In chess, there is very little variation in strategy: you must always fight to control the center, you must always play aggressively. If you fail to do any of these things over the course of a game, you will most likely lose. The strategy is a nearly a prescriptive set, with only minor variations between how you let it play out. Even when players do talk about other strategies, they are almost always talking about memorized opening sequences, and not their own moves.
Go, on the other hand, has what feels like an unlimited number of strategy options. You can play peacefully all game, or start a fight on your first turn that lasts all game. You can fight for the edges, or build territory in the center of the board by building long lines of stones around your opponents territory (a concept called influence or thickness). You can attack stones in order to kill them or in order to simply improve your own position. You can play a fast and loose game, leaving both players with more a complicated situation than they know how to deal with. Or you can play the most simple defensive responses only, forcing your opponent into a peaceful game. Honestly, the scope of the strategies in Go is staggering. Partly because of how strategically limited others games seem in comparison, and partly because every strategy actually works: from amateur level, to professional level, almost anything has merit to it.
But it’s not just how many strategies there are, it’s how creative they feel. It can feel like you’re an artist painting with stones when you execute an exceptionally beautiful plan that your opponent never saw coming. Sometimes, you’ll feel like a mastermind pulling off a heist that you had no business getting away with. Sometimes, you’ll do something that seems dumb, and you’ll shock even yourself with how permissive this game’s strategy is.
If chess is a battle, Go is the entire war.
The single most important mental exercise you’ll do during a game of Go is called reading ahead. That is the process of looking at the board, considering a move, imagining what your opponent’s response might be, how you might respond to that hypothetical response and so on. This is also primarily what you do in a game of chess, but there is actually a huge difference. While chess’s reading seems almost designed to make you feel dumb, giving you more than you can handle after imaging just a few moves, reading in Go could not be simpler. Even strong amateurs can read 50+ moves ahead in a game. That sounds ludicrous, but once you learn the shapes stones commonly make, it’s simply a matter of keeping those very simple patterns in your head. Even brand new players will find situations where they can imagine what the board might look like 20 moves ahead (for example, one of the first thing new players learn is how to identify a ladder).
And my point isn’t to brag about how big the numbers are in Go, just to say that the core thing that these games asks players to do is more enjoyable in Go. I find the whole process frustrating in chess, and people will tell you “that’s just part of the challenge.” And they’re not wrong, but it does feel like those players are missing the point of what a game actually is. Ultimately, I find what Go asks players to do to be much more enjoyable.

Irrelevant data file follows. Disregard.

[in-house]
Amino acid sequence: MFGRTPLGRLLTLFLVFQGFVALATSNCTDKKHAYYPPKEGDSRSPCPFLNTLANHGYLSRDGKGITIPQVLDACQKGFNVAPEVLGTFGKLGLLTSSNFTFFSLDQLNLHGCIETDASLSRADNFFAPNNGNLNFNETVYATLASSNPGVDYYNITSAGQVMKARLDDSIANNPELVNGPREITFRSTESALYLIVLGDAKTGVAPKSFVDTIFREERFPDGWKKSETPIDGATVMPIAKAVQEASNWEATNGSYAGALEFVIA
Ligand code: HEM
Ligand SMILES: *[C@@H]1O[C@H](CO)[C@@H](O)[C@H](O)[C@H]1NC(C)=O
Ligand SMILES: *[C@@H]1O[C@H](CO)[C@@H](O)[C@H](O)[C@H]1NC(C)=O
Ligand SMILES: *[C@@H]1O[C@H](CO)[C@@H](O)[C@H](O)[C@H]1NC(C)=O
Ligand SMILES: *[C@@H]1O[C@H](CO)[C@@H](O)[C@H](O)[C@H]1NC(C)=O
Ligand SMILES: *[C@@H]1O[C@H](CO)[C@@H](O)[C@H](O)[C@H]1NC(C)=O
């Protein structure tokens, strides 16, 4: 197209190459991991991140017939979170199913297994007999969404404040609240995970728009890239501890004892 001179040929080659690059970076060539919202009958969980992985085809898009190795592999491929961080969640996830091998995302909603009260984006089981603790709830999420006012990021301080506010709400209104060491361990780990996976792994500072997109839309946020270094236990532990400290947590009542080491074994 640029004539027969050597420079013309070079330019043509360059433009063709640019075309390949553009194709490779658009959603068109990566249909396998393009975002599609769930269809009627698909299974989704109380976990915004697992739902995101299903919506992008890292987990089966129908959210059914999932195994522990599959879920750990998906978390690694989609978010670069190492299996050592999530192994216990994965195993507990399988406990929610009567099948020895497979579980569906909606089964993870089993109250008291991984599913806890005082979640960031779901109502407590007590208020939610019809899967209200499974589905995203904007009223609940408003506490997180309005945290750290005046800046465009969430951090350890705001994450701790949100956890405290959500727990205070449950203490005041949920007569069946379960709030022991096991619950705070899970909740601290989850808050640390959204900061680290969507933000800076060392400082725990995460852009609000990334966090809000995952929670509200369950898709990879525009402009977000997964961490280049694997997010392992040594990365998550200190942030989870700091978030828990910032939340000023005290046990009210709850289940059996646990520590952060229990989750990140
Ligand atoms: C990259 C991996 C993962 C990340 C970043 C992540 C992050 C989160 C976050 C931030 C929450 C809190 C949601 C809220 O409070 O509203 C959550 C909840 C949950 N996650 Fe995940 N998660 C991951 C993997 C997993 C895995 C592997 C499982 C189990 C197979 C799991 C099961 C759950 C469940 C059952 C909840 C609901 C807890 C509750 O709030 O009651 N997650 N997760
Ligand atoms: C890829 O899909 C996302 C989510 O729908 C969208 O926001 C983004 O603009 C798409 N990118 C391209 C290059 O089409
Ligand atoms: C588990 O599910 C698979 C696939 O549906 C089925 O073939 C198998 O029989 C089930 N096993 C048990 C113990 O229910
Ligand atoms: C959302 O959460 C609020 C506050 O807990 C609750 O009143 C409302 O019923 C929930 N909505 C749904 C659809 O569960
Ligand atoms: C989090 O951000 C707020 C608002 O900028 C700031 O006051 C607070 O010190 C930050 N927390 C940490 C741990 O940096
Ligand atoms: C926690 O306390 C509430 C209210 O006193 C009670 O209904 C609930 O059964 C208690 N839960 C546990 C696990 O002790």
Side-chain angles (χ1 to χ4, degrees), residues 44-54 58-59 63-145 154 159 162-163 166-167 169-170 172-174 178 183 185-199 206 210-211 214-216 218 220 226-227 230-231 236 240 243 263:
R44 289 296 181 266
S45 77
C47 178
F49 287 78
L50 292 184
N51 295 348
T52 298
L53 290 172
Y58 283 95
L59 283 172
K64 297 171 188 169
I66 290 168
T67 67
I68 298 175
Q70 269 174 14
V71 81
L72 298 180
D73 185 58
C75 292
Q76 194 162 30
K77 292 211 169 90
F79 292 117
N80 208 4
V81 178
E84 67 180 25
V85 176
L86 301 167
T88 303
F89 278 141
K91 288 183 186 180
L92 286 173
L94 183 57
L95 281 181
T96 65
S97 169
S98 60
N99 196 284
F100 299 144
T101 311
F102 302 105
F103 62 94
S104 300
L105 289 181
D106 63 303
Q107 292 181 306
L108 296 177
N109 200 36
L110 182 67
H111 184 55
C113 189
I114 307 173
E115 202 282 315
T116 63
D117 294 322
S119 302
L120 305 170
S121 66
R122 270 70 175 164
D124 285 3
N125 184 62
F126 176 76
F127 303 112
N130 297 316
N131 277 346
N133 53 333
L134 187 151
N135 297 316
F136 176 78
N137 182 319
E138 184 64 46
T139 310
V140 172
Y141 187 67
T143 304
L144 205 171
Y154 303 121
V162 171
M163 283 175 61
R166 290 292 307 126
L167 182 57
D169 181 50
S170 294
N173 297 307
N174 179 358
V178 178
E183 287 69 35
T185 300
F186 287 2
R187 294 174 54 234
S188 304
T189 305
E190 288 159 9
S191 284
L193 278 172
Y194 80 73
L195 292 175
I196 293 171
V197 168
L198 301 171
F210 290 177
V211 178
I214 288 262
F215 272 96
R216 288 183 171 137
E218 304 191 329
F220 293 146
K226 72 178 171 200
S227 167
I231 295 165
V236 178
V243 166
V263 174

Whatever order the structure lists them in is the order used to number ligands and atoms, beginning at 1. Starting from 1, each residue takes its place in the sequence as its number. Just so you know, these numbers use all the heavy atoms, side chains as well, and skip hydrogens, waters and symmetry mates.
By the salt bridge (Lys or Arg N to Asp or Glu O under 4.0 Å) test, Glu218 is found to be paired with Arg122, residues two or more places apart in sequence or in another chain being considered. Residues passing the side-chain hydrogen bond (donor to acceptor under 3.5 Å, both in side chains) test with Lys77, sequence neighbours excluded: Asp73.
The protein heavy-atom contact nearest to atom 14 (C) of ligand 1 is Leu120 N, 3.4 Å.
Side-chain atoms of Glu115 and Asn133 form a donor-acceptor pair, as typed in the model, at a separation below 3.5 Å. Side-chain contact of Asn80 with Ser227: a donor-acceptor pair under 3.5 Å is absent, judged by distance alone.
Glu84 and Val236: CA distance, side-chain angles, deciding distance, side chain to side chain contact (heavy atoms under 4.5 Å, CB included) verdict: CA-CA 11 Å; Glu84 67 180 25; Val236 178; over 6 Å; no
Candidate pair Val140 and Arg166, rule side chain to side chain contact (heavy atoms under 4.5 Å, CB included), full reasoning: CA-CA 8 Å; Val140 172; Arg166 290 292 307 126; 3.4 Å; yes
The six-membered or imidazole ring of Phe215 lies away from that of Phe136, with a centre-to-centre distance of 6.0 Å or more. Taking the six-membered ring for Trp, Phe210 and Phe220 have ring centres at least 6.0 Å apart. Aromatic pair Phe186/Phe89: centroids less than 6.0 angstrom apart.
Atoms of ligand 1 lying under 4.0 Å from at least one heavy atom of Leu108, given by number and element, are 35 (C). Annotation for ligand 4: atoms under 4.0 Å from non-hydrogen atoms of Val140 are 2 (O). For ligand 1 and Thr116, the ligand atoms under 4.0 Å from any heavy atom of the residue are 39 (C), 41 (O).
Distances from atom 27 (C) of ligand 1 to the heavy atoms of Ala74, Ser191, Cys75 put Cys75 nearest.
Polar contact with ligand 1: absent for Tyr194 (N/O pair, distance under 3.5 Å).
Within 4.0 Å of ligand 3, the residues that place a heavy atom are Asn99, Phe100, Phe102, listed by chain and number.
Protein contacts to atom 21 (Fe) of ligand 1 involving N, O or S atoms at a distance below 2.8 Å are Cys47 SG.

The game relies on far too much intuition for a player to rely solely on their ability to read. A common question you’ll ask yourself is “what is the most important point on the board? Which point scores me the most points?” And while on the surface, that sounds like a question that will be answered with a lot of counting, it usually isn’t. It’s almost pure intuition.
Everything about the game relies so heavily on intuition. For example, a single stone can completely change the nature of a fight maybe 14 spaces away from it. There is an interconnectedness between every stone on the board that no one will be able to explain to you coherently, but you’ll eventually learn to see it (perhaps some aspect of it at least). And that revelation will make the whole process of getting there worthwhile.
There are games that ask very little of its players, and give very little back in return. Go is not that game. Go asks for a lot, maybe it asks for more than any other game ever has, but it rewards you with a lot too.
Something about this game makes its strategy advice sound like strangely zen life advice. For some people, this may be annoying. But for others, the game becomes something zen, something that speaks to life in a beautiful and pedagogical way. Go is a life style game, but it’s not just a game. It’s literally a framework to live your life by, sometimes more similar to religion than a board game. Even when playing it, it can feel more like you’re a monk assembling a mandala, than a game about war.
You could show me 100 Japanese proverbs mixed with Go proverbs, and I couldn’t pick out which ones are Go proverbs.
Guess which of these are Japanese proverbs about life and which are about Go:
- If you do not enter the tiger’s cave, you will not catch its cub.
- The enemy’s key point is yours too.
- There is luck in the last helping.
- One who chases after two hares won’t catch even one.
- Distant water won’t help to put out a fire close at hand.
- Make a fist before striking.
- Life Proverb: If you do not enter the tiger’s cave, you will not catch its cub.